# For continuous and differentiable $f$ with $f(0)=\lim\limits_{x\to\infty}f(x)=0$, how to show $f'$ has a zero on $(0,\infty)$?

Problem : let $f:[0,\infty)\to\mathbb{R}$ be continuous on $[0,\infty)$, differentiable on $(0,\infty)$, Given that $f(0)=0$, and $\lim\limits_{x\to\infty}f(x)=0$. Prove that there is $c\in (0,\infty)$ such that $f'(c)=0$.

I need help on the above problem! Thanks. Also let me know if my proof provided below is true, if not please let me know the right answer.

Here is my first tentative: let $a>0$. Since $f$ is continuous and differentiable on $(0,\infty)$ and hence on $(0, a)$, then using the Mean Value Theorem we conclude that there is $b\in(0,a)$ such that: $f(a)-f(0)= f'(b)(a-0)$. as $b$ tends to $\infty$, $f(a)$ tends to $0$ which makes the left hand side of the equality equal to $0$, and this implies $f'(b)=0$.

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The problem is given an $a$, you get a $b$. So as $a$ tends toward infinity, so could $b$. – Bill Cook Nov 11 '11 at 1:59
I think you might need to use an epsilon argument where you let $a$ be large enough so that $f(a)$ is small. – Aleks Vlasev Nov 11 '11 at 2:24
There is a slight problem in your statement of how you are applying MVT: It is because $f$ is continuous on $[0,a]$ (not just on $(0,a)$) and differentiable on $(0,a)$ that there exists $b\in(0,a)$ such that $f(a)-f(0)=f'(b)(a-0)$. – Jonas Meyer Nov 11 '11 at 2:42

First suppose $f$ is identically zero on $[0,\infty)$. This case is trivial. Now assume $f$ not constant. Without loss of generality, assume there is an $a>0$ s.t. $f(a)>0$. Now let $0<s<f(a)$. Then by IVT there is a $b$ in $[0,a]$ s.t. $f(b) = s$.

Now $f(x)$ tends to zero as $x$ tends to infinity so can find N s.t for all $x>N$, $f(x)<s$. Pick $c>N$ so $f(c)<s$. Apply IVT to get a $d$ in $[a,c]$ s.t $f(d)=s$. Now apply MVT to $b$ and $d$.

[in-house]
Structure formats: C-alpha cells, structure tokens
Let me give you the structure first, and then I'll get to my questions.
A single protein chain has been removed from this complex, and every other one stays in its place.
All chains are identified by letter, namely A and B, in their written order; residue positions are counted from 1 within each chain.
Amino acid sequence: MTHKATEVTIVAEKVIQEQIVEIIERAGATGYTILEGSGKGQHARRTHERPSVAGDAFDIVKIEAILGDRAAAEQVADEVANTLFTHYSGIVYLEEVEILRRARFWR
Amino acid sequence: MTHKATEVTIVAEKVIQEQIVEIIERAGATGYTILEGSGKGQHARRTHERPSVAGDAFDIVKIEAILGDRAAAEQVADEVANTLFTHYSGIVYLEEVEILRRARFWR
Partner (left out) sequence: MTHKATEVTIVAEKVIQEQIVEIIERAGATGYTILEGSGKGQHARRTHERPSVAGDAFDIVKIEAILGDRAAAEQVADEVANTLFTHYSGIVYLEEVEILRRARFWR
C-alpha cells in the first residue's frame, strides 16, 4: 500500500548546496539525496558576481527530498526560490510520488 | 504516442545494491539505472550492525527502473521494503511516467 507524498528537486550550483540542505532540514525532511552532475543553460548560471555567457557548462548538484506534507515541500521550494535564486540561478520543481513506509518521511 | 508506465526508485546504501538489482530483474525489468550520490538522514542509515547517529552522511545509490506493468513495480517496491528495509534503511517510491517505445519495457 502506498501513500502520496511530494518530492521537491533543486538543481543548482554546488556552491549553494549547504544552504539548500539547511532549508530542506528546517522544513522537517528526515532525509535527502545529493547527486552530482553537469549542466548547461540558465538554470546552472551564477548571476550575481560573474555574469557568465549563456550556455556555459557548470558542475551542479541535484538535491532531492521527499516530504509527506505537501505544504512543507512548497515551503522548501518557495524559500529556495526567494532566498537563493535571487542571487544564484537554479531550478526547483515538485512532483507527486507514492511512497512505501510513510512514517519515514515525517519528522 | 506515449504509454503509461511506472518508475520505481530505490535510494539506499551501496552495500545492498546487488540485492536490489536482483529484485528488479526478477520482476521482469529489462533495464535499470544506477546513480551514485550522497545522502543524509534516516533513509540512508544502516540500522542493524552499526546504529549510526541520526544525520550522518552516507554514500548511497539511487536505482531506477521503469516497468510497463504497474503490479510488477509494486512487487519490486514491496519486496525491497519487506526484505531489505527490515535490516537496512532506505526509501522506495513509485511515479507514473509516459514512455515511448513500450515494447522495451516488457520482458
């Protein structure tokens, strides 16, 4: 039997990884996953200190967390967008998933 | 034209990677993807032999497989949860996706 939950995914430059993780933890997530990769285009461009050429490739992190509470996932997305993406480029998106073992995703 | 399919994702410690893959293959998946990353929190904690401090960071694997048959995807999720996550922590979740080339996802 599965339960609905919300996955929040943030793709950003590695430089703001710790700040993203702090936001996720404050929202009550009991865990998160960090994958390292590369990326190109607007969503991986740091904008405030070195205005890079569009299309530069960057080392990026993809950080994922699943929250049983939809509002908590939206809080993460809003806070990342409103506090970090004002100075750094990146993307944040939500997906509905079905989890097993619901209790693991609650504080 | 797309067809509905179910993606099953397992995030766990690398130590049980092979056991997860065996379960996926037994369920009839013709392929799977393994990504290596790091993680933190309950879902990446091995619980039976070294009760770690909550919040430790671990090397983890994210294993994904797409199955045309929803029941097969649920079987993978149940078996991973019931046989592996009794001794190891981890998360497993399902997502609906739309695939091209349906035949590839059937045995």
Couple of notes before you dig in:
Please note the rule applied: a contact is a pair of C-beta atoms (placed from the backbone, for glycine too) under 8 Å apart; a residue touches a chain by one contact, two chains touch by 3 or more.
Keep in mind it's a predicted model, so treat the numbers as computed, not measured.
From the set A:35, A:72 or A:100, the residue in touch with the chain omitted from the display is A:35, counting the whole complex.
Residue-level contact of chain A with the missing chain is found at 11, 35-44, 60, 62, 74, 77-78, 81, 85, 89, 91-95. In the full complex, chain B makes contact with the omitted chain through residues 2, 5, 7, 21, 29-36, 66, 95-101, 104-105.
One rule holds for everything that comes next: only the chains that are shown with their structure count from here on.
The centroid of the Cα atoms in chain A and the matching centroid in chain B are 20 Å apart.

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Sorry for the notation. Haven't used Latex at all. – E.Lim Nov 11 '11 at 2:28
While the case is trivial, perhaps the asker would want a more thorough explanation of why it is trivial, as he is clearly working on this for practice. – analysisj Nov 11 '11 at 2:42
@analysisjb: For practice wouldn't it be best for the asker to think about that case him or herself? – Jonas Meyer Nov 11 '11 at 2:44
@JonasMeyer Absolutely. I do not think that he should prove that portion. It just may be more useful to offer an explanation as to why he considers it trivial, or provide a hint as to its triviality. I say this mainly because though E.Lim may consider it trivial, the original asker may not. – analysisj Nov 11 '11 at 2:50
@Zi2018Alpha: Yes, E.Lim's answer is good and correct. It is perhaps not fleshed out to the level of detail that an analysis instructor may expect of students' solutions in an introductory class (depending on the instructor), and in any case it is probably a good idea for you to work out every detail of why it is correct. If you have questions on details of the solution, you could post these questoins as comments here, and I am guessing that E.Lim or others who notice your comments would be happy to help further. – Jonas Meyer Nov 11 '11 at 3:26

You can use a proof by contradiction: if there is no such $c$, then the continuous function $f'$ is either always positive or always negative on $(0,\infty)$. Without loss of generality (since you can replace $f$ by $-f$), say $f'$ is always positive. Since $f(0)=0$, you will be able to disprove the hypothesis $\lim_{x\to\infty} f(x)=0$.

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It is not assumed in the statement that $f'$ is continuous. Derivatives do have the intermediate value property, but that is a theorem separate from the intermediate value theorem (for continuous functions), because not all derivatives are continuous. – Jonas Meyer Nov 11 '11 at 2:32
It depends on what "differentiable" means in the original poster's context: in some courses "differentiable" means "continuously differentiable". Point taken in general though. – Greg Martin Nov 11 '11 at 2:35